Following the news that over 36 million Android devices may have been affected by the so-called “Judy” malware, David Emm, Principal Security Researcher at Kaspersky Lab commented below.
David Emm, Principal Security Researcher at Kaspersky Lab:
With news that 36.5 million devices could be affected by a new Android app called “Judy”, it is more crucial than ever that we protect ourselves from unwanted apps.
Apps offer consumers entertainment, communication and convenience however they are also putting user data and devices at risk due to their everyday functionality. Technical findings and analysis from the Kaspersky Security Network (KSN) and an experiment into app performance by Kaspersky Lab found that of 100 Android apps users can manage (i.e. install and delete), 83 have access to sensitive user data, such as contacts, messages and data, and can even make calls and send SMSs. This is worrying when we consider that 96 in 100 Android apps start working without users launching them.
A UK survey by Kaspersky Lab found that 79 per cent of people connect their smartphone to the Internet and store vast amounts of personal data on the devices. But consumers are concerned by who has access to their data, with 40 per cent saying they’d be more worried about other people having their personal data than about getting it back.
In fact, almost half of those surveyed said they would feel violated if their personal data was stolen, yet 71 per cent don’t have their data backed-up.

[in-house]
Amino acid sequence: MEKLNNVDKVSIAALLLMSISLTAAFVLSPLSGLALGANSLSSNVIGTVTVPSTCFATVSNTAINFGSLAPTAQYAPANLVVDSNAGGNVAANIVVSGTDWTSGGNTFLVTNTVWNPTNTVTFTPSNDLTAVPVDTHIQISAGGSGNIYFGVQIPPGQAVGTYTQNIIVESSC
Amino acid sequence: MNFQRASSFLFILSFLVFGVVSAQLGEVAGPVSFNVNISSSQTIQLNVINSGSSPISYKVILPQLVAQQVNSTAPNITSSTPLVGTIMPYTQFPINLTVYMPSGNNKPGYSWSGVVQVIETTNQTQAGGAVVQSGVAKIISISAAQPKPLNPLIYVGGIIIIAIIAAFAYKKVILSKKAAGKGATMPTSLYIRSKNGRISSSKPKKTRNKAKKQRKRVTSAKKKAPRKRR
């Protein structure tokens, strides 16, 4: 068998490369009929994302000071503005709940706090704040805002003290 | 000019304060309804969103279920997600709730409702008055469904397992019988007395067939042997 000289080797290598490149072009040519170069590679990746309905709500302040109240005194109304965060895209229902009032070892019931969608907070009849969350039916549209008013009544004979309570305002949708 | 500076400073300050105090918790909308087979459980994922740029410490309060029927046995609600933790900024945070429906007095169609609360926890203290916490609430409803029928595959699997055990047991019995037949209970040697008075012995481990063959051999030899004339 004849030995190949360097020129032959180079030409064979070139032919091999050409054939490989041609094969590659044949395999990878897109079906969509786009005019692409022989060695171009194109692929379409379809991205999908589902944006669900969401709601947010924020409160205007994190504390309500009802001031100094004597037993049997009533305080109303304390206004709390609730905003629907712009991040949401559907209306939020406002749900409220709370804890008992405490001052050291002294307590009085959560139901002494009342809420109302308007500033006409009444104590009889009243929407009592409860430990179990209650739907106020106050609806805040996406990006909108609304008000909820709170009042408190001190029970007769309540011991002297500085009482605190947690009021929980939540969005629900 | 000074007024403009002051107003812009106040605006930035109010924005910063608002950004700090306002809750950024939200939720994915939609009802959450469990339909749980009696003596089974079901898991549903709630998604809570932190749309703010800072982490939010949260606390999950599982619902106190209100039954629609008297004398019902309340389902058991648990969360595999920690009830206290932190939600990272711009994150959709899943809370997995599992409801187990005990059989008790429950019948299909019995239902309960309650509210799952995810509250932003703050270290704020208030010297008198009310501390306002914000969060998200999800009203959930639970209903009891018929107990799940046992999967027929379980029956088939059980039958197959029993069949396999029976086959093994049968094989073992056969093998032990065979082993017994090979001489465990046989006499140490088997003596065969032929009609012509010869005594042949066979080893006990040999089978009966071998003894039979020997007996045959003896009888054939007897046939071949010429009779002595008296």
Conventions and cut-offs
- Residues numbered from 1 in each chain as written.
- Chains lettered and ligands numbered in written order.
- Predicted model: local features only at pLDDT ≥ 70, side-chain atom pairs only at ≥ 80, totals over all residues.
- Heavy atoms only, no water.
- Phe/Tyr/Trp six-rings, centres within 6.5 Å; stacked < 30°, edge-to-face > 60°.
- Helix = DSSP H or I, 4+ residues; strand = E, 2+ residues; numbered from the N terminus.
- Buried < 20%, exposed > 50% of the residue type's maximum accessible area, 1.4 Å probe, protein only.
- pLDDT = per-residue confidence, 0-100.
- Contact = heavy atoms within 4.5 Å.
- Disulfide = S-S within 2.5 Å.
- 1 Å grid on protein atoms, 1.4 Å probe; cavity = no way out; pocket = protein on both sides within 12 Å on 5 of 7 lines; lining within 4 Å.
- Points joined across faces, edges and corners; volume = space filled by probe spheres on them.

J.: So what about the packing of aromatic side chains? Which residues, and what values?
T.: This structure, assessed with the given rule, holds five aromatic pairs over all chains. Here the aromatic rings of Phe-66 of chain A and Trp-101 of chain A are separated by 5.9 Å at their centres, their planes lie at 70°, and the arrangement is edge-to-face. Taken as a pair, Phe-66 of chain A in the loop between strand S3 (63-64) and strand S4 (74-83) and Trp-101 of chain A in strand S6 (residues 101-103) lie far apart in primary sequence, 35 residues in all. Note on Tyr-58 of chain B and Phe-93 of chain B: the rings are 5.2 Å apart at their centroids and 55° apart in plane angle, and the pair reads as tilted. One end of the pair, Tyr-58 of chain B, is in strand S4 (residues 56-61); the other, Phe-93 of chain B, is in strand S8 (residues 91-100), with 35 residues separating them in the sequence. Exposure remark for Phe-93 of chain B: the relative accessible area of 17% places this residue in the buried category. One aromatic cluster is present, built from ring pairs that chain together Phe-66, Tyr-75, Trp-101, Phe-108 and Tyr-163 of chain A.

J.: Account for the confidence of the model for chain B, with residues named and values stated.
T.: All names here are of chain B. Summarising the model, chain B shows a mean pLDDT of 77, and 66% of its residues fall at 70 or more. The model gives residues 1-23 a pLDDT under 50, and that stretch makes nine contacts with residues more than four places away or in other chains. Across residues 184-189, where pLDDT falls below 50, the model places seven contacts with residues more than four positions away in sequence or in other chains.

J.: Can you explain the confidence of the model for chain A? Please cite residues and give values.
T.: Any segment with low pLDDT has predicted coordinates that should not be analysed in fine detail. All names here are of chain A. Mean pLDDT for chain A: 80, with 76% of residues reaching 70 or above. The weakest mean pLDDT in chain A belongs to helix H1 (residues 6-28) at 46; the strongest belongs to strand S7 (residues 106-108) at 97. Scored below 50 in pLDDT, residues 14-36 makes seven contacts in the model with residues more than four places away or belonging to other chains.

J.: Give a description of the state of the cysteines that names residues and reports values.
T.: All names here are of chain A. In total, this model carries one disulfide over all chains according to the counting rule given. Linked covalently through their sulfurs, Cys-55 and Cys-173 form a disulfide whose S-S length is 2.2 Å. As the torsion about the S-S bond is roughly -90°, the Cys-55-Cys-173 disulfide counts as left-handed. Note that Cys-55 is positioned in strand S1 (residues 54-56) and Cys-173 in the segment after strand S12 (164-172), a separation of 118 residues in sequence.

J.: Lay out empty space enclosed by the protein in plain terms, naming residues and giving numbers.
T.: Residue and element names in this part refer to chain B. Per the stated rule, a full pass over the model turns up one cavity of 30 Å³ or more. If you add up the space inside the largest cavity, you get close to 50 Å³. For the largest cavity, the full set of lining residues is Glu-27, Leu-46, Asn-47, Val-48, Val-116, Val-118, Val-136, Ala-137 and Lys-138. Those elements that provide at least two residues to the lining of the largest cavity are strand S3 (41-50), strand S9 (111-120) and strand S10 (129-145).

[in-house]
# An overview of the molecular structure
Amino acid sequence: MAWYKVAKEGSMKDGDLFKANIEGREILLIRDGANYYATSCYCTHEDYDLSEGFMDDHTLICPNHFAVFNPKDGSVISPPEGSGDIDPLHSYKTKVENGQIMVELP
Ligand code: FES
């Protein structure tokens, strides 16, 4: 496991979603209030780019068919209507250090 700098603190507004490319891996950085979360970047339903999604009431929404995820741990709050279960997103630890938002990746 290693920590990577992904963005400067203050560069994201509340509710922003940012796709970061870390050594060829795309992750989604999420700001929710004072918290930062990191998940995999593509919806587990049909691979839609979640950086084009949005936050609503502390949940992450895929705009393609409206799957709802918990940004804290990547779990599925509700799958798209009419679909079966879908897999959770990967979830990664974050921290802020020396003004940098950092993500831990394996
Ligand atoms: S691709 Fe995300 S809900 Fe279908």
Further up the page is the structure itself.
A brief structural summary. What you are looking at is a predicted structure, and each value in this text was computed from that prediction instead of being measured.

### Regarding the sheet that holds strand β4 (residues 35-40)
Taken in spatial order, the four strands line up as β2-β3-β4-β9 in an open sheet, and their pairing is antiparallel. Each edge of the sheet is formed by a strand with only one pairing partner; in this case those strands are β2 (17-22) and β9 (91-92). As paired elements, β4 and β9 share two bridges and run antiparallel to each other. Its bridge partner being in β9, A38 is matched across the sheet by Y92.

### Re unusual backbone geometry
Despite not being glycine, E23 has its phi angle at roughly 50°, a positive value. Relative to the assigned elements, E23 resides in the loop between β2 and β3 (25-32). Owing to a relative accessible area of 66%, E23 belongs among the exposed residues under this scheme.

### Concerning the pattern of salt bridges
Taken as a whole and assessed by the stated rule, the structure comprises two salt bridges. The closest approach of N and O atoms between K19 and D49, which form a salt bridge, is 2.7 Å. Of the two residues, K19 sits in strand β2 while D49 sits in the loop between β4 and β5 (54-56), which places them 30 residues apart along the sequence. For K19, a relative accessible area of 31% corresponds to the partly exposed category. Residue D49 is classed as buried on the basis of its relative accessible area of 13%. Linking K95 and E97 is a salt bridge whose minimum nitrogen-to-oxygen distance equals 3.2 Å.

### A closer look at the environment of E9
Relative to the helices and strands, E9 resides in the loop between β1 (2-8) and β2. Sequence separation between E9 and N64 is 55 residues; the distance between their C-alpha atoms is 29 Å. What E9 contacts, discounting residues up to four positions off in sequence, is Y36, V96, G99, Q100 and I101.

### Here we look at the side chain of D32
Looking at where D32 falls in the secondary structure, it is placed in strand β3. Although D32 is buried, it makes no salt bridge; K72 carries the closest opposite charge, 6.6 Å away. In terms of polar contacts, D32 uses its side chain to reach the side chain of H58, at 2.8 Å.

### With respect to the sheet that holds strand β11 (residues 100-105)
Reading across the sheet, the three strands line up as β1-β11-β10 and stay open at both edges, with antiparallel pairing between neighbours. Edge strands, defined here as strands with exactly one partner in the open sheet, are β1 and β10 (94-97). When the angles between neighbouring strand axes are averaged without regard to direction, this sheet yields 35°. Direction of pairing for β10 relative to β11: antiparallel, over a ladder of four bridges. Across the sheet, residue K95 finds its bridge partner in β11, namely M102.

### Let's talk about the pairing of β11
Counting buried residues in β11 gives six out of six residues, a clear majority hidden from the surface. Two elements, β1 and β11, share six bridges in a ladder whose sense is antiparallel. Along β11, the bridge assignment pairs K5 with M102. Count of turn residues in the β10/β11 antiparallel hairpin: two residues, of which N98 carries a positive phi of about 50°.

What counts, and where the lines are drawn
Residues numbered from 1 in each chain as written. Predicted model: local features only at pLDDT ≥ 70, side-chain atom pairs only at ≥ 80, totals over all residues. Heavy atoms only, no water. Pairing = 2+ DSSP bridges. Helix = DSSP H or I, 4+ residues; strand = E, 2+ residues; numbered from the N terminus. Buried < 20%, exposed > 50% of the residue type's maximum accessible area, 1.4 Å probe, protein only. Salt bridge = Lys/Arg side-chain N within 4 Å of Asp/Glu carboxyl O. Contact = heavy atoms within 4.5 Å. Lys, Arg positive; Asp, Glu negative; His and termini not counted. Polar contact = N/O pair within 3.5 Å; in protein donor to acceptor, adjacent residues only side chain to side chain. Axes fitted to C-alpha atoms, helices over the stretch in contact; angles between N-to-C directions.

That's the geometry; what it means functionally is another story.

The build-up of digital clutter means that app cleansing and updating are now more important than ever to combat malware that uses apps’ vulnerabilities to penetrate devices. However, the most important thing is still to protect the device itself by employing Internet security software and implementing regular updates.
There are a few simple steps to de-clutter and protect data:
- Have Active and Up-To-Date Software: Use a reliable Internet security solutionand allow the automatic updates to run for all software and apps. These are in place to protect you from new security threats
- Use a strong passcode: At least twelve characters with a combination of letters, numbers and symbols. Use a password manager for accounts that do not store your financial information.
- Back-up Data:Making a regular backup of your data is a must both on an external hard drive and or a cloud service
- Change app settings: These enable the user to manage how the app interacts with the device. For example, apps can get access to user sensitive information, track user locations and share user data with third party servers. Failure to manage these settings can result in unused apps gaining access to information on the device without the user being aware
- ‘Spring clean’ your device: Spend some time to get your digital house in order by regularly clearing out data, uninstalling apps that are not needed and refreshing the information stored on your devices